PHOENIX — Nearly 50 percent of eligible voters cast a ballot in last week’s presidential preference election, officials said Tuesday.
Maricopa County Recorder Helen Purcell’s office said unofficial numbers indicated 49 percent voted in the election, up 5 percent from 2012.
A vast majority of those who voted did so via an early mail-in ballot — 533,760 votes were cast via early ballot in Maricopa County — while 83,489 voted at county polls last Tuesday.
Purcell said the high number of mail-in ballots was part of the reason her office decided to reduce the number of polling locations from 200 to 60.
“Those people will already be getting a ballot and obviously will not — or should not — be going to the polls on election day,” she said.
Of course, the decision backfired and has lead to frustration countywide. Purcell originally blamed voters who chose to wait in hourslong lines, but later said she did not mean to say it.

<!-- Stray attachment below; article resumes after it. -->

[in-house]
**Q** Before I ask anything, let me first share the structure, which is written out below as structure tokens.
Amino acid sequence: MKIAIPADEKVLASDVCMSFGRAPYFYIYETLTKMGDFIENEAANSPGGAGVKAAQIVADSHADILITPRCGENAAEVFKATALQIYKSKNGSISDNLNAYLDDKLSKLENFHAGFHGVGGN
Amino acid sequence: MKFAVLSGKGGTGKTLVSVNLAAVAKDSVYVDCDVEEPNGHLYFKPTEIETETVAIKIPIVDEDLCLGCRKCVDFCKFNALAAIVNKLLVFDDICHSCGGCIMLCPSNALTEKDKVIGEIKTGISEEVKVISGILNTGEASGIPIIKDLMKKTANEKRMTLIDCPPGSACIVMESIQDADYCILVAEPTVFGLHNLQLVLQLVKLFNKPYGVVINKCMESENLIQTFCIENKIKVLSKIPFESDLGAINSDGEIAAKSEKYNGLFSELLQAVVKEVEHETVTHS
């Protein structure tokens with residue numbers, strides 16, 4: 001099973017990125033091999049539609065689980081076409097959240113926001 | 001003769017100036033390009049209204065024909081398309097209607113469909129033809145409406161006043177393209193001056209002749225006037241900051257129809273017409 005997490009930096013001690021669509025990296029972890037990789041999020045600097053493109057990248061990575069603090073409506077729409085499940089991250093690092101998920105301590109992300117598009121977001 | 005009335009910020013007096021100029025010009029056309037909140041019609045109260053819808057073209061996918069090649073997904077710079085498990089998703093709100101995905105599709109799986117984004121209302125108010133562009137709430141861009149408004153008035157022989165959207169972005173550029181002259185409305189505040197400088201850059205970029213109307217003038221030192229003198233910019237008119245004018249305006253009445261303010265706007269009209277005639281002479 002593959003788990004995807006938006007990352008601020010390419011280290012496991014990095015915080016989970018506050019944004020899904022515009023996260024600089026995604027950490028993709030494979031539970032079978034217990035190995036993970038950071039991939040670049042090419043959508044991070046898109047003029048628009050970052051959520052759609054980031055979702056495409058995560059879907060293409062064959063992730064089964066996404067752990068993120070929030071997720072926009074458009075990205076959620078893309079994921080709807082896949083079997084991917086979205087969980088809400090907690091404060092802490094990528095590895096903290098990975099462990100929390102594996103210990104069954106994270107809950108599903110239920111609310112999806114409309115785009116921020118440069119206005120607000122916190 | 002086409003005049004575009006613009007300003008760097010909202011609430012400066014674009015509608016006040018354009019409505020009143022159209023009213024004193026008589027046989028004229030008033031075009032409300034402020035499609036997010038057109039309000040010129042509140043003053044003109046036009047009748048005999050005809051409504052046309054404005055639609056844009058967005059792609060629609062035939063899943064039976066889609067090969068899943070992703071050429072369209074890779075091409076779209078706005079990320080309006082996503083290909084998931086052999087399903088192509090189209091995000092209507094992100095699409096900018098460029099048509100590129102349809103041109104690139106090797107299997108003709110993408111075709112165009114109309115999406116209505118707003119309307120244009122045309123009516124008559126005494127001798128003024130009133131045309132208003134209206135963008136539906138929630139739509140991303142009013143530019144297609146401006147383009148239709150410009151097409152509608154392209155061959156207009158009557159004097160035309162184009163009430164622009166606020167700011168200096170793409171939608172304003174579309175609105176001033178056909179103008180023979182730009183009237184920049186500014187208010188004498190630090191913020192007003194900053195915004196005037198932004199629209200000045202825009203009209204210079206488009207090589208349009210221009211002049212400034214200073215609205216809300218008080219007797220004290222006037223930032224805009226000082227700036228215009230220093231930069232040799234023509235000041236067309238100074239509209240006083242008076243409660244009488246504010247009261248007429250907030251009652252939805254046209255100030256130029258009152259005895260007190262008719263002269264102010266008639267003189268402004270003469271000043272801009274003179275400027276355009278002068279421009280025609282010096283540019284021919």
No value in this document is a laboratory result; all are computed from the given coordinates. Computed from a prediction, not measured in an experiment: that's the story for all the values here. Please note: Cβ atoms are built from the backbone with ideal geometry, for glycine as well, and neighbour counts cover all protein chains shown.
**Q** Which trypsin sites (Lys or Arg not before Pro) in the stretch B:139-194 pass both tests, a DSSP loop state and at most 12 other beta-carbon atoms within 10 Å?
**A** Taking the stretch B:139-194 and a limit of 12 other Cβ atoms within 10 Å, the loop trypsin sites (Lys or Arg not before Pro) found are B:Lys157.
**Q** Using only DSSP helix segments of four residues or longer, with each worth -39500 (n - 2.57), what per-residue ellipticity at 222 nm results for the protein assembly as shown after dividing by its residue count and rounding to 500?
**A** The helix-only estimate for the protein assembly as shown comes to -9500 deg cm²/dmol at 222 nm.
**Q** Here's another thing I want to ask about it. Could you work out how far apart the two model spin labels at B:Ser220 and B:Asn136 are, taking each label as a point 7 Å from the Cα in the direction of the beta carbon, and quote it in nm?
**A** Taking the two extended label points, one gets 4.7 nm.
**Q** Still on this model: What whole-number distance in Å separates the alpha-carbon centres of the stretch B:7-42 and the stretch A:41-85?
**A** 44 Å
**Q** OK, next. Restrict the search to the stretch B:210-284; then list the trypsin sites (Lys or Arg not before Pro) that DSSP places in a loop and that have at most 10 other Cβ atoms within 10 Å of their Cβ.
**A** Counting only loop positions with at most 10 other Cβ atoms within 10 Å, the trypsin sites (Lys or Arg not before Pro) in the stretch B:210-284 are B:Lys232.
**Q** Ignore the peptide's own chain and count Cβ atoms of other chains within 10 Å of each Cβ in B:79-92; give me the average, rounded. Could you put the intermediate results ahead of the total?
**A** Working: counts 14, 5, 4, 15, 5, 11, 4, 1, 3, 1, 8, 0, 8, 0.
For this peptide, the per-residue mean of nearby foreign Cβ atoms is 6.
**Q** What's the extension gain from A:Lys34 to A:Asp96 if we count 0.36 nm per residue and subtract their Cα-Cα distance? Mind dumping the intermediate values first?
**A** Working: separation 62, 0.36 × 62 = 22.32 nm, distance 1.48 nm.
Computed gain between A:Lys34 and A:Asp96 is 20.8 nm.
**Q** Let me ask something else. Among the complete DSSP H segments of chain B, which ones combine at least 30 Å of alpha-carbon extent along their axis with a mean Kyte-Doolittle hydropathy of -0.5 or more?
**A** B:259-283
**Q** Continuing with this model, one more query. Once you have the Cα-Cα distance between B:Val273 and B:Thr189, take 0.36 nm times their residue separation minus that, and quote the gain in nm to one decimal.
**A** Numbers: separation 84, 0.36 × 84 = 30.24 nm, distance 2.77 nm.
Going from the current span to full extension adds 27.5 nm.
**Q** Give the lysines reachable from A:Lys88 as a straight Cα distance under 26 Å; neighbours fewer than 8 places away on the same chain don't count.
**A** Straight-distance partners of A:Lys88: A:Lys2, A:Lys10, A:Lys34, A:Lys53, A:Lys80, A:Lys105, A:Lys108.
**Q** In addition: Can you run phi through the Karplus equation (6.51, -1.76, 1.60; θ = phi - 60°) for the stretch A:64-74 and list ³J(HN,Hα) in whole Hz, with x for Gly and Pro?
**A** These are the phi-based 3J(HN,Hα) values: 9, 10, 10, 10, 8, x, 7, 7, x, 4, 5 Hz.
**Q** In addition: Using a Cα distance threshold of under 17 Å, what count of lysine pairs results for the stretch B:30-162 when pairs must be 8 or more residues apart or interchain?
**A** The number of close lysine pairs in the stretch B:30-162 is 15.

Some officials have called for a federal investigation, while Secretary of State Michele Reagan said a host of behind-the-scenes issues caused complications for voters. Her office is conducting an investigation.
Angry Arizonans protested at the state capitol building on Monday, where one person was arrested for allegedly causing a disturbance in the gallery following a House panel hearing on the matter.
- Department of Justice faces deadline over Arpaio’s pardon legal action
- Report: 90 percent of Maricopa County shelter animals find new homes
- Arizona homeowners associations foreclosing thousands of houses
- Former Arizona AG: MCSO posses do positive things but pose problems
- Arizona official: Voucher referendum going on 2018 ballot